Wednesday, August 28, 2013

Cragside, UK Part III--The Ground Floor of the House

Cragside was the pet project of William George Armstrong (1810-1900), a British industrialist and scientist who focused on practical applications for water power. He built the house with many conveniences we take for granted: electric lights, hot and cold water, elevators, telephone systems. Everything was powered by water. He had made several lakes on the estate and used the water to power the house. One person said that it was "the Palace of a Modern Magician." Our children (and we adults too) were amazed to see all the conveniences built into the home.

Approaching the house

A little bit of water right next to the house!

Medieval-ish archway

Courtyard inside

The first stop on the tour of the house is the kitchen. The room has many conveniences that must have delighted the servants. The oven had spits that turned automatically; a dumb waiter brought supplies up and down from the scullery below; even an early dish washer was in use!

Oven/range with automated spits

Kitchen table with dumb waiter in the back

First generation dishwasher

The scullery has all the pots and pans and such. Also, a display explains the hydraulic lift that was used by the servants, not the guests. The lift was meant to be practical, not ornamental. Delivering coal or meals or laundry to the upstairs rooms was very easy at Cragside.


Explanation of the hydraulic lift

Model of the elevator (J pushed the button here a lot)

The butler had his own pantry where some of the finer items were kept in storage. He also would coordinate activities in the household from his other room on the other side of the kitchen.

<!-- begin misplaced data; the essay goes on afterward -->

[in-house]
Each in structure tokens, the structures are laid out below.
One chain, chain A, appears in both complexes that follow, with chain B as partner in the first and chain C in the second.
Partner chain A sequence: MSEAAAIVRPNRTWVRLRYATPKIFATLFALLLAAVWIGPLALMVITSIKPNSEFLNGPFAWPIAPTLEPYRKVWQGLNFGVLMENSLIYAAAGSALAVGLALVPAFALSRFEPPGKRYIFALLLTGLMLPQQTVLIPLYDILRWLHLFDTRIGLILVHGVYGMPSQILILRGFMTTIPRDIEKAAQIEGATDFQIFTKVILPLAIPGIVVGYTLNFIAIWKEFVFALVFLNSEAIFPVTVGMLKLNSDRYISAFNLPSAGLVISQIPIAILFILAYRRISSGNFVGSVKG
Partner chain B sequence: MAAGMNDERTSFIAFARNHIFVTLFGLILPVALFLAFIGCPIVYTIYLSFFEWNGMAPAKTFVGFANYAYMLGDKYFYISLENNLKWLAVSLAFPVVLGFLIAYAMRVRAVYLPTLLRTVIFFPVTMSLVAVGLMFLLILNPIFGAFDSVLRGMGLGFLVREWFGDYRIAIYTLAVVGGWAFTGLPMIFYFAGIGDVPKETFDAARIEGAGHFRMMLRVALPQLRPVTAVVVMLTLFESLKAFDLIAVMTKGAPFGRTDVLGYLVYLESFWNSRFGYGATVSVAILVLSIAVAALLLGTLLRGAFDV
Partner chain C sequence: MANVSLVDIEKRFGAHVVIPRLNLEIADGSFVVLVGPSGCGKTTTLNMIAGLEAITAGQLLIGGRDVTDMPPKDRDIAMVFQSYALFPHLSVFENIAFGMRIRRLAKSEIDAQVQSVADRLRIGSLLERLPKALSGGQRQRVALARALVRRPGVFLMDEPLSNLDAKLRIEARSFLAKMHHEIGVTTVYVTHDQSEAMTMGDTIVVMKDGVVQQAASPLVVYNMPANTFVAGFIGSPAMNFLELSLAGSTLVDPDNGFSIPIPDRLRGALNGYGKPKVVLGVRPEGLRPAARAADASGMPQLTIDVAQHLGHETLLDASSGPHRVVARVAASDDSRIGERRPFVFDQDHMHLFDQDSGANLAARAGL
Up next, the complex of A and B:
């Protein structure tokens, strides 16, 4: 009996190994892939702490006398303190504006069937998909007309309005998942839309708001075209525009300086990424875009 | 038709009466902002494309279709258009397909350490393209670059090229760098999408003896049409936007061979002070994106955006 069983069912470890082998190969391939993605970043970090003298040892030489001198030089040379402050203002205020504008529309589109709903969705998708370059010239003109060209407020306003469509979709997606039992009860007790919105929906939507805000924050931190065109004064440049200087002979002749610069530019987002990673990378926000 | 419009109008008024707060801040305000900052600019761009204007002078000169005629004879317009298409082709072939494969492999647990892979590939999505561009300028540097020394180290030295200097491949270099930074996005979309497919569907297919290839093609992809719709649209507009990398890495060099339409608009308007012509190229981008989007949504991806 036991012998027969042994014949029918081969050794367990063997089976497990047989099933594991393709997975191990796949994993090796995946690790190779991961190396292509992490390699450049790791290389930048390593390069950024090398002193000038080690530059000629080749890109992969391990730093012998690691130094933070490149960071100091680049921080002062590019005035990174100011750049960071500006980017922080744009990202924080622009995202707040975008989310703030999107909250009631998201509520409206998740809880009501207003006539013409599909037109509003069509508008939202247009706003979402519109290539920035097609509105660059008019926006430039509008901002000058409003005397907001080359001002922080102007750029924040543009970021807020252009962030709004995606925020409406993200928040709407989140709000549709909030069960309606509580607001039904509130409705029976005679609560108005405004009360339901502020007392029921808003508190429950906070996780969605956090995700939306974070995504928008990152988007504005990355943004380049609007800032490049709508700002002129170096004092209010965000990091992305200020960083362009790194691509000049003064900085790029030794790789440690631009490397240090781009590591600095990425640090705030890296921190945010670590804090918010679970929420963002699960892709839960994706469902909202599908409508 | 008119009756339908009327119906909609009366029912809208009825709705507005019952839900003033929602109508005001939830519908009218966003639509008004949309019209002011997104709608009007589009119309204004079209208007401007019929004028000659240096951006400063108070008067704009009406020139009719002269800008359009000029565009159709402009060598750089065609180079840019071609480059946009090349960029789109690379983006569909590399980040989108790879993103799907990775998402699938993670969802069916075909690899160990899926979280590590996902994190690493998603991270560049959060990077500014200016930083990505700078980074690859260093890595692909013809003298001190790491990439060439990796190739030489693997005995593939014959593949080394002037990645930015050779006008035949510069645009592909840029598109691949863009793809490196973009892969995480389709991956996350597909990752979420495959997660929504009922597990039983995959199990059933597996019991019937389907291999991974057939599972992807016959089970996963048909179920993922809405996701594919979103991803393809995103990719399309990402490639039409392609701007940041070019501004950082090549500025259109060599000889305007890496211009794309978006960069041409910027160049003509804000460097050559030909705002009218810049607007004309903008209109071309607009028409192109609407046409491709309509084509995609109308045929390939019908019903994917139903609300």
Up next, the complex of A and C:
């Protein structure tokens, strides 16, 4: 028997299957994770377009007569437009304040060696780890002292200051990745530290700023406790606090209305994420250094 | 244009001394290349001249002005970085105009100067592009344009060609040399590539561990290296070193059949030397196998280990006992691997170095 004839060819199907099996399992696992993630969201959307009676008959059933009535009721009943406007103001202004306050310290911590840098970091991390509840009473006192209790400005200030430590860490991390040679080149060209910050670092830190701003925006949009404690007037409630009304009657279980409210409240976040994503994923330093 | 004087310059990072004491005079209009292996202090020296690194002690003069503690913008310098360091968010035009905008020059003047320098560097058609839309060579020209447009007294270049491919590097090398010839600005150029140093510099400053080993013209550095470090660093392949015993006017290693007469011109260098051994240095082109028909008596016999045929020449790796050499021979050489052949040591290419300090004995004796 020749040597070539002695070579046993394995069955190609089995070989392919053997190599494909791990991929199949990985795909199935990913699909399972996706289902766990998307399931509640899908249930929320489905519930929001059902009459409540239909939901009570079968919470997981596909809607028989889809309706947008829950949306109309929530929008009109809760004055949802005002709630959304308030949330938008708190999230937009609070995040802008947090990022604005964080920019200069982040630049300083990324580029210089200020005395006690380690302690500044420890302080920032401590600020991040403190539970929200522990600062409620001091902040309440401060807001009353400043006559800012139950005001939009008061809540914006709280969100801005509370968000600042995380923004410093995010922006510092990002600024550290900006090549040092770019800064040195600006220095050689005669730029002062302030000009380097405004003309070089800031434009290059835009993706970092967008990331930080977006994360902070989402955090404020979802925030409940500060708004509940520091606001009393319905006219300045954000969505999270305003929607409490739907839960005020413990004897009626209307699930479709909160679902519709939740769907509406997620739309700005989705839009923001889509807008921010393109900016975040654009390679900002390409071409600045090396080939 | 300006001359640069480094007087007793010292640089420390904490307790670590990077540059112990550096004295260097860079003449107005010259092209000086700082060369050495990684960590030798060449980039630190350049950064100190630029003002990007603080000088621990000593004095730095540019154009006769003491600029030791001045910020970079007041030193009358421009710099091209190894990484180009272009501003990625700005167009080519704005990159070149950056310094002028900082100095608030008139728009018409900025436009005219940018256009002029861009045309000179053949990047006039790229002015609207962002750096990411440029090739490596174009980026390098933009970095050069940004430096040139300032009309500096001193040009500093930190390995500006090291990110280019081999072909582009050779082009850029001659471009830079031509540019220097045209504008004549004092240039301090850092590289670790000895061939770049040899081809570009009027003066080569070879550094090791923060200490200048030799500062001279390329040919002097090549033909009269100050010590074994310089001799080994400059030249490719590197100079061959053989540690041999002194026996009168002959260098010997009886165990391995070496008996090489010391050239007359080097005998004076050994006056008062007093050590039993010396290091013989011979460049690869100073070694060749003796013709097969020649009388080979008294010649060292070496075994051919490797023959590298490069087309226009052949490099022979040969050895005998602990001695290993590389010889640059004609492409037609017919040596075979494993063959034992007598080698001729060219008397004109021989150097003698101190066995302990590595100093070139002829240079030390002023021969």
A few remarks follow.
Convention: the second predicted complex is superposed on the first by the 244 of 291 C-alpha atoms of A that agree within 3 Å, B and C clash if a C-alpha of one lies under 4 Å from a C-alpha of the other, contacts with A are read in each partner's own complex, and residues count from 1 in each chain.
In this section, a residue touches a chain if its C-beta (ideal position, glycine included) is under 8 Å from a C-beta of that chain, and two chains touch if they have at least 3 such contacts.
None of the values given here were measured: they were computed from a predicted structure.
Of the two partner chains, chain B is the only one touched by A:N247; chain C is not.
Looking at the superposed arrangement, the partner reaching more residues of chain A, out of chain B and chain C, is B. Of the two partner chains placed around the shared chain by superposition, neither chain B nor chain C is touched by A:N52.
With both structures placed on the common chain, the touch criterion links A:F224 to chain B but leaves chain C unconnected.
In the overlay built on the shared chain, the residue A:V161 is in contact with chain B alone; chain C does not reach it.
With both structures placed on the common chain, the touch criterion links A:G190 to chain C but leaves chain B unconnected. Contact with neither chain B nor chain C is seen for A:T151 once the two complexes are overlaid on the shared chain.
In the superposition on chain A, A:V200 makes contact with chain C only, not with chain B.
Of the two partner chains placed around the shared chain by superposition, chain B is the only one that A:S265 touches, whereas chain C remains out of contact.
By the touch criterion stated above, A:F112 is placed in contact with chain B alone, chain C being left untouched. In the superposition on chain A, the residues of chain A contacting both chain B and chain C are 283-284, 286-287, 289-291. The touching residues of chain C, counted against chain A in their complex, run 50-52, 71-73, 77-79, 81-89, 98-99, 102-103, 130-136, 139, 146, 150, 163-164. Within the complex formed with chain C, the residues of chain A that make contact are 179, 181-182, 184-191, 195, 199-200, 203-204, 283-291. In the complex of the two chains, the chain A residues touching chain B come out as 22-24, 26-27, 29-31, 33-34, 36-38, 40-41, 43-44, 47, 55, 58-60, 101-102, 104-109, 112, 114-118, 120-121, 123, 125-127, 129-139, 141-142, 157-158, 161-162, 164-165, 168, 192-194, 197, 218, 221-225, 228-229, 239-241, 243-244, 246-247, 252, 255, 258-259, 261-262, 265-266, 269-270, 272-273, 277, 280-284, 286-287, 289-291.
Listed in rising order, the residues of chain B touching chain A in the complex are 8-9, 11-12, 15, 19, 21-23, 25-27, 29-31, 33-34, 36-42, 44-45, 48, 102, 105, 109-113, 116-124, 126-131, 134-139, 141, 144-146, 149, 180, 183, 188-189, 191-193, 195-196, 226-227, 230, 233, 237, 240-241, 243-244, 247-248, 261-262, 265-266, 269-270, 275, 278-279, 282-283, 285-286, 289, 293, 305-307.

Butler's pantry

Butler's room (no they didn't have TVs in the late 1800s--nothing to watch!)

The next room (and a natural neighbor to the kitchen) is the dining room. The fireplace here is quite impressive. It has its own nook with benches for people to warm themselves from the cold along with stained glass windows by William Morris representing the four seasons.

Dining room


L and J enjoying a little warming

Next to the dining room is the library, which was originally used as a drawing room and still has a more informal, not very bookish feel. Interestingly, when the estate was taken over by the National Trust, some of the books found in the house were labeled "Servants Room," which meant that servants were encouraged to read in their off time. Also, this room was the first to have electricity, including Joseph Swan's filament light bulbs.

The library

A staircase just outside the library leads down into the Turkish Baths. Another modern convenience powered hydroelectrically, Lord Armstrong included this in his house for several reasons. It provides a way to heat the rest of the house with the air being ducted through the walls above. Also, any foreign ministers (including several Asian ministers) who might facilitate business contracts would be more amenable if they were more comfortable even during the bleak Northumbrian winter.

Steam room

Cold plunge?

Hot bath

Fezzes are cool (just like bow ties)

The ploy must have worked, for the room at the top of the stairs is the Japanese Room. It displays various gifts and mementos given to Armstrong by various Japanese families.

Japanese Room

Nearby tiles that I thought were cool

As this post is getting long, we'll save the upstairs for tomorrow!

No comments:

Post a Comment